Products and services to add value to concrete users
Equipment

Products and services to add value to concrete users

Indian construction companies are selecting concrete equipment based on project needs, the size of the site, project timeline and safety concerns.

“We prefer smaller boom pumps for smaller sites where the height to which concrete needs to be pumped is lower; smaller boom pumps have a lower turning radius,” shares Anil K Banchhor, Managing Director & CEO, RDC Concrete. “We prefer larger-sized transit mixers to carry large quantities of concrete within a limited time. Belt conveyors help place concrete up to 4 m height or in pit/piles to cover 4-5 m horizontal distance, without the need to bring transit mixer trucks closer to the pit or pile.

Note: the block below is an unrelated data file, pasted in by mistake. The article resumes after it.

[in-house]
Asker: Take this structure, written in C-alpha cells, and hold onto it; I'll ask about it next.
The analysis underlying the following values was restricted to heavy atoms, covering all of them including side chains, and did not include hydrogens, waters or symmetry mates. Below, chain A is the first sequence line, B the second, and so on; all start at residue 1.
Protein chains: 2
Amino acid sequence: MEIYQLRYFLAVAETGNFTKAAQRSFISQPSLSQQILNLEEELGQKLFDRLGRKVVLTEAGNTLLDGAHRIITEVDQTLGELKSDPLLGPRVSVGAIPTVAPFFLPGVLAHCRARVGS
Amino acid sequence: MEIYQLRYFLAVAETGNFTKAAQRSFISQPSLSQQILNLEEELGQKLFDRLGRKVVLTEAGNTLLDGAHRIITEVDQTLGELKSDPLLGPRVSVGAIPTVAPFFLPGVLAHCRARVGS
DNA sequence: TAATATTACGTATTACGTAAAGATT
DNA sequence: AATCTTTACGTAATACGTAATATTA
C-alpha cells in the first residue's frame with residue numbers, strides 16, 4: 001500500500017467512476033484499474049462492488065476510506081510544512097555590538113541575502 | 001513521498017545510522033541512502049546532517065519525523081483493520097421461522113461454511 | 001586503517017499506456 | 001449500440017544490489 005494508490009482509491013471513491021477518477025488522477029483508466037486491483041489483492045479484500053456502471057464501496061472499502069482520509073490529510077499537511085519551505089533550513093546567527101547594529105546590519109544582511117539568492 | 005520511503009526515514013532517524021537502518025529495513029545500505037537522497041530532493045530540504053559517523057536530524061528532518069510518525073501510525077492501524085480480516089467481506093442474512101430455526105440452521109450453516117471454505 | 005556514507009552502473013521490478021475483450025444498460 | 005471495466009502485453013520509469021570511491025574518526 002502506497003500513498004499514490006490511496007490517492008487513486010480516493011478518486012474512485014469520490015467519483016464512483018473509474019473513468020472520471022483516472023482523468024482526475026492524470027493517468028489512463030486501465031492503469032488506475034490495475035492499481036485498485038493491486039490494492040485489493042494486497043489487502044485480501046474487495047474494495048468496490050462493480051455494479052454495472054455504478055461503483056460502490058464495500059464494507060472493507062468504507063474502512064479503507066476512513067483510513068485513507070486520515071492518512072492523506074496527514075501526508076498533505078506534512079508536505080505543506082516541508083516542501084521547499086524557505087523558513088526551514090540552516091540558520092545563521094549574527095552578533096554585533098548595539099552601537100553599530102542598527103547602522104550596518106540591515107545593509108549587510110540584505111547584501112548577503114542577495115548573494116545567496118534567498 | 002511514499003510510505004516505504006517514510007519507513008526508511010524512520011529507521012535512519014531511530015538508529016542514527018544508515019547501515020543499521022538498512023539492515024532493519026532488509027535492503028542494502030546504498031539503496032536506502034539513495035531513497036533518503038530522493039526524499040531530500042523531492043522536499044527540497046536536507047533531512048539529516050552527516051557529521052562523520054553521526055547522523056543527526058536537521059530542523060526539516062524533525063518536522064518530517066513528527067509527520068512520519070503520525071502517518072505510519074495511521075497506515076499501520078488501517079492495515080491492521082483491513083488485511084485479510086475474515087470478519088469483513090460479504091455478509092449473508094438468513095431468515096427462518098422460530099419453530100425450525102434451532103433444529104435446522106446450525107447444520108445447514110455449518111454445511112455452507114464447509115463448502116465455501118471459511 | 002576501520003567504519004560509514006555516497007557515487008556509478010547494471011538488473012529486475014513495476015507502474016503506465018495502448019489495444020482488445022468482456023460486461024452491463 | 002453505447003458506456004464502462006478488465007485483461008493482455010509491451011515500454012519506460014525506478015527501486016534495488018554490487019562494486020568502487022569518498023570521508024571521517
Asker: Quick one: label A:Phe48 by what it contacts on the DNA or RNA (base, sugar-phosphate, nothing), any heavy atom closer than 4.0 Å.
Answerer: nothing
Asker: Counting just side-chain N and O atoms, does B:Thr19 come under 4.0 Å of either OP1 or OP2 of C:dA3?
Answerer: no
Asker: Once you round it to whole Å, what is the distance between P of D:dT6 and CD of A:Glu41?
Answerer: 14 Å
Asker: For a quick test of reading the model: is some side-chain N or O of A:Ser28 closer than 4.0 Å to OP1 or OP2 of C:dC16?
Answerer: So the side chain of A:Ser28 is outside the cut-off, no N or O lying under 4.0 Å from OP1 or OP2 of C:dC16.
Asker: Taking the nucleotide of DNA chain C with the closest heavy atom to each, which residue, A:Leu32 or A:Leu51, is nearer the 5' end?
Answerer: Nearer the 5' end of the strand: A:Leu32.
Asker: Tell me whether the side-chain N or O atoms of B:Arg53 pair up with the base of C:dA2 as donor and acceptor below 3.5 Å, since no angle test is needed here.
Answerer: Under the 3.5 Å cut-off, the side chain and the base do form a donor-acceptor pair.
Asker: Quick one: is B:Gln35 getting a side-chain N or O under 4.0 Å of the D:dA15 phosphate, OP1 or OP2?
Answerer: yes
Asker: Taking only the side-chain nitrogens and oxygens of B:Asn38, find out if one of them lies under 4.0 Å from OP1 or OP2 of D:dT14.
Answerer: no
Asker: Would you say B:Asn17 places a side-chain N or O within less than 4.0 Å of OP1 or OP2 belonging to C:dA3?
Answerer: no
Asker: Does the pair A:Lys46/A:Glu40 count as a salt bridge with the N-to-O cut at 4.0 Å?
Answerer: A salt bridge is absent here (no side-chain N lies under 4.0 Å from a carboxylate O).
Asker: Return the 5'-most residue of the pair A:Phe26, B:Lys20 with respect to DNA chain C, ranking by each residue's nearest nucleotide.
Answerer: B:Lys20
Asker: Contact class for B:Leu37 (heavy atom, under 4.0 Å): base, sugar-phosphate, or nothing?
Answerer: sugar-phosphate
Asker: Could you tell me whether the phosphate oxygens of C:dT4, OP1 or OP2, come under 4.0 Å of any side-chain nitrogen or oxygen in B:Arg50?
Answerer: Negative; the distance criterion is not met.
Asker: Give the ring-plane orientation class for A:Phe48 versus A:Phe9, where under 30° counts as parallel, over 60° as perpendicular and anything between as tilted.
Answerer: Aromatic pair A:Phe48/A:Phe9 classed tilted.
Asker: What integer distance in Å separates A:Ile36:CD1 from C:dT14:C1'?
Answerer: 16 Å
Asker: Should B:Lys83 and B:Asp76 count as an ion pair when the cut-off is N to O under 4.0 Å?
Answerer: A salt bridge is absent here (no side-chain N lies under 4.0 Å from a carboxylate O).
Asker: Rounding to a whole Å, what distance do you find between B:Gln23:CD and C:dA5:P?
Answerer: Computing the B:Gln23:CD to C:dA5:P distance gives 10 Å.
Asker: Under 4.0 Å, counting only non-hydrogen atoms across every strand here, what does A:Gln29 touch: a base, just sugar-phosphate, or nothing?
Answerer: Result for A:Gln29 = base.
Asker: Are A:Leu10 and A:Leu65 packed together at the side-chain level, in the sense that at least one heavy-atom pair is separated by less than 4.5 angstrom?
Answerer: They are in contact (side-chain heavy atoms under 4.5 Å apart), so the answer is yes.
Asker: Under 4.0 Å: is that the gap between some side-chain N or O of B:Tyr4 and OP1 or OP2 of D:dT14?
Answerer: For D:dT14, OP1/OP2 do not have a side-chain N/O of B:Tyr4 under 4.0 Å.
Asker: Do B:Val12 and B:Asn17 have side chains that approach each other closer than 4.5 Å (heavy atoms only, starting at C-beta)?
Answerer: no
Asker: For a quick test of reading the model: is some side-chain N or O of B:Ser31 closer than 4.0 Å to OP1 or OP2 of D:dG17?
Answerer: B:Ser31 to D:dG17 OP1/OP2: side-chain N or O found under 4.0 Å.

Indian construction companies are selecting concrete equipment based on project needs, the size of the site, project timeline and safety concerns. “We prefer smaller boom pumps for smaller sites where the height to which concrete needs to be pumped is lower; smaller boom pumps have a lower turning radius,” shares Anil K Banchhor, Managing Director & CEO, RDC Concrete. “We prefer larger-sized transit mixers to carry large quantities of concrete within a limited time. Belt conveyors help place concrete up to 4 m height or in pit/piles to cover 4-5 m horizontal distance, without the need to bring transit mixer trucks closer to the pit or pile. This ensures better site safety.” “We prefer RMC batching plants of 60 cu m (pan mixer) per hour, transit mixers of 6 cu m and boom pumps of 90 cu m per hour to construct metro rail projects, multilevel car parks, etc,” shares R Prabakaran, GM, Plant & Machinery, UMSL. “As far as the roads vertical is concerned, for major and minor bridges, we deploy batching plants of 30 cu m (pan mixers) and transit mixers, and reversible drum mixers and mixer machines for culverts. For pavement quality concrete highways, we used to deploy 120 cu m batching plants with twin-shaft mixers and chilling plant/ice plant to maintain the concrete mix temperature.” New technologies Gradually, companies are shifting from older to newer technologies and this is pushing demand for certain products. “Now, we are directly pouring concrete from the transit mixer to slab culverts and pipe culverts as this eliminates the time required to set up scaffolding for the concrete pipeline,” shares Prabakaran. “Where a lot of concrete needs to be poured, such as for larger slabs, consider using a radial placer instead of the concrete pump.” “Earlier, we were using 30 cu m scraper batching plants but now we are using compartment batcher plants, which give better quality concrete and higher production,” shares Pramod B Joshi, Additional General Manager (P&M Head, All India), Ahluwalia Contracts India. “The latest batching technology allows the user to monitor production remotely and integrate the plant with weigh bridges. The equipment is easy to operate.” “We were earlier using vibrators with 2,800 rpm; now, we are using high-frequency vibrators with 12,000 rpm for better compaction and better quality concrete with no honeycombs in the column, slab, etc,” continues Joshi. “Self-loading mixers are preferred for scattered work where the quantity of concrete involved is less, such as compounds, drainage lines, etc.” What’s missing? A positive aspect of the concrete equipment market in India is that it is well-stocked. “We can buy any kinds of models of machines that are available globally in India; 90-95 per cent of global products are launched simultaneously in India as the buying capacity of infrastructure companies in India has improved tremendously in the past few decades,” says Prabakaran. “Even if the product has not been launched here, it can be imported promptly. We see a lot of competition between Schwing Stetter, Putzmeister, Sany, Liebherr, Terex and other companies, which is good for buyers.” But there are still product gaps pending. “Of late, many construction companies are facing a shortage of masons and they are looking for mortar-spraying machines for wet mortar or dry-mix mortar and finishing equipment,” shares Banchhor. “There are few options available in the market and there is a good opportunity available for equipment manufacturers to focus on this segment and demonstrate usage at site.” “We need more equipment to speedily check concrete quality to eliminate the need to redo a piece of work,” says Joshi. “Also, we need smaller cost-effective equipment to recycle waste concrete. We need transit mixers with a closed discharge system so that no one can add water from outside and thus adversely impact the quality of concrete.” Rental gaps While concreting requires a combination of equipment, each with a different role to play, the hiring industry offers equipment that is mobile and doesn’t need a lot of maintenance and upkeep, says Vidhu Shekhar, Executive Director, Yantraduniya. “Transit mixers, concrete pumps and boom placers are the most popular in this industry. However, the Indian second-hand and/or rental industry offers all sorts of concrete equipment except for trowels, which are not still very popular in the country.” OEM-driven opportunities to rent or lease equipment in the short term are desirable but this option is missing in Indian industry, observes Banchhor. “Indian OEMs are more interested in selling equipment instead of providing short-term rental services, say, for six months to two years.” Training loopholes Recently, it was reported that concreting, construction and mining equipment maker Schwing Stetter India aims to train over 10,000 people in India over the next four years through its operator skill training programme. Are such programmes useful? What other training opportunities would the industry like to see? “Operators need to be trained in the use of pumps, loaders and batching plants, and as drivers of transit mixers,” says Banchhor. “At present, most people learn on the job, even drivers; this causes many accidents.” Training is essential to familiarise people with the latest technologies, says Prabakaran. “In the past few years, road equipment has shifted from BS4 directly to BS6. The engines of BS6 models are very different to BS4 models. Also, newer variants of all construction equipment are IT-enabled for location tracking, fuel efficiency, higher productivity, to facilitate scheduled maintenance, etc. Operators need to be trained in using these models.” Training programmes are conducted under skill development initiatives for concrete batching plant operators and other technical personnel mainly on operational and mechanical aspects, observes Suhas Dhuri, Concrete Consultant, e-cube Concrete Consultants. “However, what’s missing is training for these personnel in methods to produce quality concrete and appreciate the dos and don’ts to produce the same. Product appreciation and basic concrete technology are a requirement for all the personnel in an industry: fresh engineers, lab/field technicians, transit mixer drivers and pump operators.” e-Cube Concrete Consultants can organise and conduct such programmes tailored for personnel in different areas of concrete production. “We need to train hands for operations and onsite maintenance as well as for the office with a focus on improving their basics,” says Joshi. “Some minimum education is a must for operators, mechanics and electricians for better outcomes and safety. We need to pay operators higher salaries. Training managers, engineers and supervisors would help improve selection of equipment.” Shekhar lauds the Schwing Stetter initiative if the aim is brought in practically. “These sorts of programmes will enhance the safety and upkeep of equipment,” he says. “It would be worthwhile to conduct such skill training on all construction equipment. In reducing the abuse of equipment and ensuring timely maintenance, such trainings will extend equipment life. Skill training is always a value addition, not only on the professional front but in life as well.” True enough! - CHARU BAHRI Image courtesy: RDC Concrete